The woman who lifted me into the saddle on the day of my promenade was named Sunnie Mann. Earlier that year she came upon the half-dead horse while riding across the dunes of Southern Lebanon. She brought him back to her riding academy on the outskirts of Beirut, named him Haram—an Arabic term for “sacred”—and nursed him back to health. A British expatriate, Sunnie ran the Horses and Hounds riding school for over 40 years, teaching proper horsemanship to the political elite of Beirut even as Palestine Liberation Organization guerillas and Lebanese Christian Phalangists bombed and bloodied one another in the streets. She held on through the early phases of the Lebanese Civil war, but eventually closed the academy in 1982, after Israel Defense forces invaded southern Lebanon in Operation Peace for Galilee, a military campaign which left over 20,000 dead. In 1989, Sunnie’s husband Jackie Mann was kidnapped on his way to the bank and held hostage for more than two years by an Islamic terrorists group linked to the Hezbollah. While in captivity, the 74-year-old man was placed in solitary confinement, manacled to the floor, and beaten.

The girl I saw on the day of my promenade, with dark curls and outstretched hands, lived in Shatila, a camp for Palestinians who sought refuge in Lebanon following the 1948 Arab-Israeli conflict. The refugees lived in canvas tents and lean-to shelters made from flattened oil barrels and corrugated tin. Women baked bread over glowing coals and strung laundry between tree trunks. Dogs stretched out in the red dirt, their ears engorged with ticks and their backsides encrusted with tapeworms. Children scampered barefoot beneath the pines, dodging smoldering piles of refuse. When the wealthy women of Beirut passed through the camp on horseback, they sometimes pulled sugar cubes from their riding coats and tossed them into the children’s outstretched palms.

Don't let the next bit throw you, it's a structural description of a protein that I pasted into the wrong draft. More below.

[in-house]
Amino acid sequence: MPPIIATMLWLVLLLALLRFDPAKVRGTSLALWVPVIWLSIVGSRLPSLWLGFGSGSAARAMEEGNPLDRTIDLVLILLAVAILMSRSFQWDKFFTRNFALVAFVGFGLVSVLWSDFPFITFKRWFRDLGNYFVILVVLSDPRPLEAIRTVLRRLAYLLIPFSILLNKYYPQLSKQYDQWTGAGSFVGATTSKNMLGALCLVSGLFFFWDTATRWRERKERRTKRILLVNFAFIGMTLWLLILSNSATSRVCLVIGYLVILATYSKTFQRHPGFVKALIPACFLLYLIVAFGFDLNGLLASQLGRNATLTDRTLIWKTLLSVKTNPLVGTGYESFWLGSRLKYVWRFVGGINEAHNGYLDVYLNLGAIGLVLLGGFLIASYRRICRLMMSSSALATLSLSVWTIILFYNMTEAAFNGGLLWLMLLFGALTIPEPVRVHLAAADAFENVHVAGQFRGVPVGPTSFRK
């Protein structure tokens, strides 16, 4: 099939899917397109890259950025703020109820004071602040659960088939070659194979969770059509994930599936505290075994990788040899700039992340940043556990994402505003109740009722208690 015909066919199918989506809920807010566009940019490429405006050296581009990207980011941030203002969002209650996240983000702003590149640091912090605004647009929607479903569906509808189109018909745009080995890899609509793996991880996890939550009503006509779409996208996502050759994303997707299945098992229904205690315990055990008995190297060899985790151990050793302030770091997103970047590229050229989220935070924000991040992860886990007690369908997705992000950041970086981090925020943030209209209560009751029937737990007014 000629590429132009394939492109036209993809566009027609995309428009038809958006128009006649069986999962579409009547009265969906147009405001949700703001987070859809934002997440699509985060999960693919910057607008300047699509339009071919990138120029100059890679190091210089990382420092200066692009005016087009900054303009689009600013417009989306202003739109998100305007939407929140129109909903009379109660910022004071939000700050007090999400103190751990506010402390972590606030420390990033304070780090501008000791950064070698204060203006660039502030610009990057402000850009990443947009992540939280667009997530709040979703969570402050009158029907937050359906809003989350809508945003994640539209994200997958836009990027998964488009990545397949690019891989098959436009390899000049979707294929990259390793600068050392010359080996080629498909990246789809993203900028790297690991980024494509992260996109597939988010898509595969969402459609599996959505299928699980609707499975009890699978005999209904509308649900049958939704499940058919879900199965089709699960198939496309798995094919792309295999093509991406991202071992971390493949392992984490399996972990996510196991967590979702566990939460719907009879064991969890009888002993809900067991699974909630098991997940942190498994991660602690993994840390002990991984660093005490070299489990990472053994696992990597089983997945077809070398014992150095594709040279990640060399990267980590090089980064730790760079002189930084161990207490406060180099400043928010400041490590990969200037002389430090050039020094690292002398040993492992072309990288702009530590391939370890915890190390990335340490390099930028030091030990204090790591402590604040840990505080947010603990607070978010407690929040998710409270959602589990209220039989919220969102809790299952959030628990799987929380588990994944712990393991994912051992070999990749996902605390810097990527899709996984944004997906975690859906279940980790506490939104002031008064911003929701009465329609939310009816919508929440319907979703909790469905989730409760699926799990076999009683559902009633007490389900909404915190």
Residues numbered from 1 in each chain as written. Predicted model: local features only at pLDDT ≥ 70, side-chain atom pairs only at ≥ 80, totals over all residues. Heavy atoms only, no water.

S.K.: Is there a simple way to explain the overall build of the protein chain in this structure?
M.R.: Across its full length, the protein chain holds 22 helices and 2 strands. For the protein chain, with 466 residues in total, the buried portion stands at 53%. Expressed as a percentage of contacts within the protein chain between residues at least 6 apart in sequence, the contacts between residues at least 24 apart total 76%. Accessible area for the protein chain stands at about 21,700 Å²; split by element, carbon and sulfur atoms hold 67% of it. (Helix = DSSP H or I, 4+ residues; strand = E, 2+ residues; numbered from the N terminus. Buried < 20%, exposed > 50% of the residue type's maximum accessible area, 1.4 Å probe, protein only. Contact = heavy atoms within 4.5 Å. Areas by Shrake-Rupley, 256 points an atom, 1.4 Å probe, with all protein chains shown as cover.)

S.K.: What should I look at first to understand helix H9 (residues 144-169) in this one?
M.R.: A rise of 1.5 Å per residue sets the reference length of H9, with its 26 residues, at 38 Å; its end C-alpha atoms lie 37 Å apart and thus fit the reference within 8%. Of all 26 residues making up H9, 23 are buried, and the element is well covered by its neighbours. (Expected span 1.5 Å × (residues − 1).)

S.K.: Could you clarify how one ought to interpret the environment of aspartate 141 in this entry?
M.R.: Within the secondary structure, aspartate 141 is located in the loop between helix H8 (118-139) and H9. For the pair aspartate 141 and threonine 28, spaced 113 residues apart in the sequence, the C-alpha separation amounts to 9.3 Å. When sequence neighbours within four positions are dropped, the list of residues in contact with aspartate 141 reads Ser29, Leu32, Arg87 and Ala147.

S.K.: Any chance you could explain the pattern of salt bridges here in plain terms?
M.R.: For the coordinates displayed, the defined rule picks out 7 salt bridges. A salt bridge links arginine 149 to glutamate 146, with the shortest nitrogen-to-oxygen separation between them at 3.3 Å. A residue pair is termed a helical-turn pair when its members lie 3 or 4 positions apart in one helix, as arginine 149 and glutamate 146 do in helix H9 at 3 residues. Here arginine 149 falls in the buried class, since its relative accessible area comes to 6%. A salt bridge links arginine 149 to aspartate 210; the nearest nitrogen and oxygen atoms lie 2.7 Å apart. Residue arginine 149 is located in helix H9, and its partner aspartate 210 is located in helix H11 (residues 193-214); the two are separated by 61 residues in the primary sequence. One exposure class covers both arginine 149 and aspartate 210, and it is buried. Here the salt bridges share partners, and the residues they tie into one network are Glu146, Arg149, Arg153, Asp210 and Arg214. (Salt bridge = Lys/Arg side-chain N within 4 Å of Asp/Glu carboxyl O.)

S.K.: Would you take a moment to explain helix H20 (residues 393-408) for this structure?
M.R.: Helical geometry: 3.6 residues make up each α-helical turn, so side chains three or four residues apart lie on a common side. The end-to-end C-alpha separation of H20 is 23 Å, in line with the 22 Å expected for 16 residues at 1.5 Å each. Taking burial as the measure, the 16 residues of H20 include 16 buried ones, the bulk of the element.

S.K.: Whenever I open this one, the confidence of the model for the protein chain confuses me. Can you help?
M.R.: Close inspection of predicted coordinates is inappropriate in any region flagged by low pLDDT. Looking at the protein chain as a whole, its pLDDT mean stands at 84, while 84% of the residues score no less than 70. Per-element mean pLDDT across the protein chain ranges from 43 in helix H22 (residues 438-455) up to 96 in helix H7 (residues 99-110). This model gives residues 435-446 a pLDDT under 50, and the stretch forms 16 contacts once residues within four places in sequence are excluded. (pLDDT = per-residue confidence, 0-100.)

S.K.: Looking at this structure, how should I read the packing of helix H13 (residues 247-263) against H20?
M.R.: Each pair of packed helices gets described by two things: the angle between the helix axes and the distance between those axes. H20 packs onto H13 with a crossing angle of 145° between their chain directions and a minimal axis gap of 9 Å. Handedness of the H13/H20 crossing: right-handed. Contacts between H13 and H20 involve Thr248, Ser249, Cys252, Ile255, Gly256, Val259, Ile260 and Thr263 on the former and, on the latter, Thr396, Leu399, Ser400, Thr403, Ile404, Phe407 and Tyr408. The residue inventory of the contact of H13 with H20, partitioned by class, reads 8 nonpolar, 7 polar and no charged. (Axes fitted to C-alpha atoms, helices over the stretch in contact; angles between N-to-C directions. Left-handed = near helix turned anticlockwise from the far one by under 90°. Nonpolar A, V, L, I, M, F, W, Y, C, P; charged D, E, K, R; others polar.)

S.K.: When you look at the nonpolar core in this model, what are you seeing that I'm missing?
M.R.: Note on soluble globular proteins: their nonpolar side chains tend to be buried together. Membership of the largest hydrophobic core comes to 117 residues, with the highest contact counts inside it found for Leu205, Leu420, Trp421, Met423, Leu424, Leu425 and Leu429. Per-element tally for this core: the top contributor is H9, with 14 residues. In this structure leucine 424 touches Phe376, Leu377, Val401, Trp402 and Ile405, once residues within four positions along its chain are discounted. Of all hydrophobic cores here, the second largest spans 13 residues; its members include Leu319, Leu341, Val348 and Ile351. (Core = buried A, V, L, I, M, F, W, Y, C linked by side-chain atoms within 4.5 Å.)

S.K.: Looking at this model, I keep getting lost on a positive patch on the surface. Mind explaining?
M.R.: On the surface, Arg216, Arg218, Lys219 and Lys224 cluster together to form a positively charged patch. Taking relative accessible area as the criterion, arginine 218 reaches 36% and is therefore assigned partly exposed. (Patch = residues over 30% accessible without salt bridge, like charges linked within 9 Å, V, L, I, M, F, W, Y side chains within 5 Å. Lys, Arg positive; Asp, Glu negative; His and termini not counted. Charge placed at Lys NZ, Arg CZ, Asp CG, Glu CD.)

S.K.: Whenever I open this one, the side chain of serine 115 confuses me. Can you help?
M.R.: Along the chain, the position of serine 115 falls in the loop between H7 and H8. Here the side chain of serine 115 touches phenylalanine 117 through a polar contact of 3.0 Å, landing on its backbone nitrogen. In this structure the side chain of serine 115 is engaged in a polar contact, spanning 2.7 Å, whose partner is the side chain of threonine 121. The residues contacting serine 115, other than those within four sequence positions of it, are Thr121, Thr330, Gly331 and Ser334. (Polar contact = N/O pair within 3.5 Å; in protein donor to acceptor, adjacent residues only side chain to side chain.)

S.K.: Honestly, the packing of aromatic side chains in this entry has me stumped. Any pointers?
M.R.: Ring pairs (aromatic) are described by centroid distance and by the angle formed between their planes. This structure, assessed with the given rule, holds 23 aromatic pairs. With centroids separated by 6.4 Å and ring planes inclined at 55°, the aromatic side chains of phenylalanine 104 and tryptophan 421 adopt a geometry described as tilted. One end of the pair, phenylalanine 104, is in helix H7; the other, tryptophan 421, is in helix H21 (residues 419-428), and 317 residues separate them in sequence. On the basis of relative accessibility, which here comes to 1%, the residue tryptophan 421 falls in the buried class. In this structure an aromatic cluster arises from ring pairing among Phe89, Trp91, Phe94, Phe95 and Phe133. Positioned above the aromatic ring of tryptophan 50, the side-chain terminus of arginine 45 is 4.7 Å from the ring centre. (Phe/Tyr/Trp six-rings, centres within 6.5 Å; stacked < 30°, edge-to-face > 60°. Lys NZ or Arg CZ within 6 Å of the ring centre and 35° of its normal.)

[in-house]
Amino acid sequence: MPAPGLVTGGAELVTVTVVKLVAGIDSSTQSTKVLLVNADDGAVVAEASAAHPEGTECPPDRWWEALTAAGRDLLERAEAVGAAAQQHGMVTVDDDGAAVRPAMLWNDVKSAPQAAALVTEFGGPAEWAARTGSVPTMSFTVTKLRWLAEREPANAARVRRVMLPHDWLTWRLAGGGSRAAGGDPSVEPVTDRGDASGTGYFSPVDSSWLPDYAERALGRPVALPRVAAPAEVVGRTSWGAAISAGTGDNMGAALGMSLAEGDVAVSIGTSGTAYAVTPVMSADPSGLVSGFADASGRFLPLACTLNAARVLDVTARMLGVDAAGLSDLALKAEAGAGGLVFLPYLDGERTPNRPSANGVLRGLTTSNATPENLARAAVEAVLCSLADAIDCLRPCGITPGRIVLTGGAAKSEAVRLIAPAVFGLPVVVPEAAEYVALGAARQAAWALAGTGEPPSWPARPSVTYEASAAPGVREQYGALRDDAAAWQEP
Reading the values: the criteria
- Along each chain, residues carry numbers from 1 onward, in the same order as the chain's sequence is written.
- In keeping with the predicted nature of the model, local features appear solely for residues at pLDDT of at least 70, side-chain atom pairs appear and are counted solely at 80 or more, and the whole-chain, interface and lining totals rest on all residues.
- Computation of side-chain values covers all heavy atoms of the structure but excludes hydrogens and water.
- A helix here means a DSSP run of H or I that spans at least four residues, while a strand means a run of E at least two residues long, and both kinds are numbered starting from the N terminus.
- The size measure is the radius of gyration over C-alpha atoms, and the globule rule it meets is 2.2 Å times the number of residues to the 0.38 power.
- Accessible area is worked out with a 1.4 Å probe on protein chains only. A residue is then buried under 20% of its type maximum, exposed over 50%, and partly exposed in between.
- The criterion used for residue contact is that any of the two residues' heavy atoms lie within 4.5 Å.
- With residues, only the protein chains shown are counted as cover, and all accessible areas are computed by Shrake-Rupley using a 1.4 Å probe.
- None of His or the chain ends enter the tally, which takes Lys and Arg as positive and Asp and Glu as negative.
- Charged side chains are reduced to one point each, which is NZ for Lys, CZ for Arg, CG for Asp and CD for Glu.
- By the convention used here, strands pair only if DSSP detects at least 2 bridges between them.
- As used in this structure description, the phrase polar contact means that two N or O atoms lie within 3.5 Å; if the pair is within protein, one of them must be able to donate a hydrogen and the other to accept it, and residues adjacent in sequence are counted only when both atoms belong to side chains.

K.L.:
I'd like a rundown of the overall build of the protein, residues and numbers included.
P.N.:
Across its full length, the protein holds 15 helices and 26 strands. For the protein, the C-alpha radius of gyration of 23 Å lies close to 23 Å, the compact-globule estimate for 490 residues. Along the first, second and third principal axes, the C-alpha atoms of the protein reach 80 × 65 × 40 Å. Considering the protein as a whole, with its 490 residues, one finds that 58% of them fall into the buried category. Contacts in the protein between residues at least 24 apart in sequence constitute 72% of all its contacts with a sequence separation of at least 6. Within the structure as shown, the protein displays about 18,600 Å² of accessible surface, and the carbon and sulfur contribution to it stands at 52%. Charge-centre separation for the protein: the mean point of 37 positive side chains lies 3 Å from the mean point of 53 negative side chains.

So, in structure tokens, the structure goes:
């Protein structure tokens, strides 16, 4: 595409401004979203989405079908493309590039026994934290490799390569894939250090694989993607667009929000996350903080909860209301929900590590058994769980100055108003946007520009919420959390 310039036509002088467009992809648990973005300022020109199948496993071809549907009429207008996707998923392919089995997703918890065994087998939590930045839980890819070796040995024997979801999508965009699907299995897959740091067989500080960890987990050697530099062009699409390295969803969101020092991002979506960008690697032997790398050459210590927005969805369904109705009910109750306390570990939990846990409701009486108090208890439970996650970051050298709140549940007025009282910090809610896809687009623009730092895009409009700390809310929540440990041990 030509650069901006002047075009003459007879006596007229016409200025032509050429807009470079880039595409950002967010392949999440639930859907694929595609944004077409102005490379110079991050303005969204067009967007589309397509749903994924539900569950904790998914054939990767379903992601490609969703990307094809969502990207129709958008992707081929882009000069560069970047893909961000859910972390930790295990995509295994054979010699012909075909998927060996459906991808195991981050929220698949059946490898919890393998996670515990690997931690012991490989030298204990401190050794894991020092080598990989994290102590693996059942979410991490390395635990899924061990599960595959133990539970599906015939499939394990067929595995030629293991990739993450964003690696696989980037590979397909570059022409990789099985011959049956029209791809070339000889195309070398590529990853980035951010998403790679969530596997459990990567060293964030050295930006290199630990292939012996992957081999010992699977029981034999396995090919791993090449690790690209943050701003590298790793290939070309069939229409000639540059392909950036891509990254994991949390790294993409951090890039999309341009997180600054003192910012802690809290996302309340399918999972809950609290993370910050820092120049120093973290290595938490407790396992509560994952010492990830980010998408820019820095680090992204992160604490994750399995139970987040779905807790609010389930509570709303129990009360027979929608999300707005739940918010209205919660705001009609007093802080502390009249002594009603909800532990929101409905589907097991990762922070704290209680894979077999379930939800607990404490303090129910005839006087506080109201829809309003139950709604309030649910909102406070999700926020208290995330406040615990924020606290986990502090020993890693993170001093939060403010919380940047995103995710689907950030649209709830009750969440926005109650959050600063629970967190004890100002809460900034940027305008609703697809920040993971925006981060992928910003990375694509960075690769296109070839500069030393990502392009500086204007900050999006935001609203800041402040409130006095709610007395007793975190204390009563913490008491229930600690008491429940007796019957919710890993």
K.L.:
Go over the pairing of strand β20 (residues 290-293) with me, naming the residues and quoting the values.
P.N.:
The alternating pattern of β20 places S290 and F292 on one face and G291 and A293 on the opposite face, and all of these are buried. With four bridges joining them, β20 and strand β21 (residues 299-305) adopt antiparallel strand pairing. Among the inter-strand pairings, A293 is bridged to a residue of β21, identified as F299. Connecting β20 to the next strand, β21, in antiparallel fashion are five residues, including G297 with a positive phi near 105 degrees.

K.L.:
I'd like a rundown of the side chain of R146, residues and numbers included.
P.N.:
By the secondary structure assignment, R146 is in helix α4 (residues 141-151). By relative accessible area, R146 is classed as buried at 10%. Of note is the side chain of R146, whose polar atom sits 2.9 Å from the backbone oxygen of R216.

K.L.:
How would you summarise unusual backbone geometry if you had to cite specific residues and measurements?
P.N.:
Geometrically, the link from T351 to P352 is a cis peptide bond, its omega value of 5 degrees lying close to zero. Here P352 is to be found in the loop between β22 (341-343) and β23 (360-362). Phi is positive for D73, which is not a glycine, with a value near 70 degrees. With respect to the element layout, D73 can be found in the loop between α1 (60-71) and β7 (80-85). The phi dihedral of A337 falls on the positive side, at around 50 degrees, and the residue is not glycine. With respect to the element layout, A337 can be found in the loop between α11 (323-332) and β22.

In the mid-1960s, hundreds of Palestinians lived among the umbrella pines of the Shatila camp; today, more than 12,000 registered Palestinian refugees live in the camp’s concrete apartments and cramped alleyways. On September 16, 1982, the Lebanese Christian militia and the Israeli army sealed off the entrances and raided the camp; by September 18, over 1,000 of Shatila’s men, women, and children had been killed in what is widely regarded as the worst atrocity in Lebanon’s fifteen-year civil war. Loren Jenkins, a Washington Post reporter who entered the camp on September 23rd, described the aftermath of the massacre: “Women wailed over the deaths of loved ones, bodies began to swell under the hot sun, and the streets were littered with thousands of spent cartridges. Houses had been dynamited and bulldozed into rubble, many with the inhabitants still inside. Groups of bodies lay before bullet-pocked walls where they appeared to have been executed. Others were strewn in alleys and streets, apparently shot as they tried to escape.”

On the day of my promenade, I didn’t know about massacres, or hostages, or Hezbollah, or Allah. I didn’t know that a stable hand had taken us a few hundred yards off Sunnie Mann’s property, that he had cut through a Palestinian refugee camp while leading us back to the riding academy, and that the entire promenade had lasted less than ten minutes. I didn’t notice that Haram had long black scars on his flanks and shoulders, that his head drooped, and that he stumbled rather than walked, over the hot sand. I only knew that I was a fairytale princess riding a snow white stallion toward the Promised Land, and that freedom tasted sweet, so sweet, like sugar on my tongue.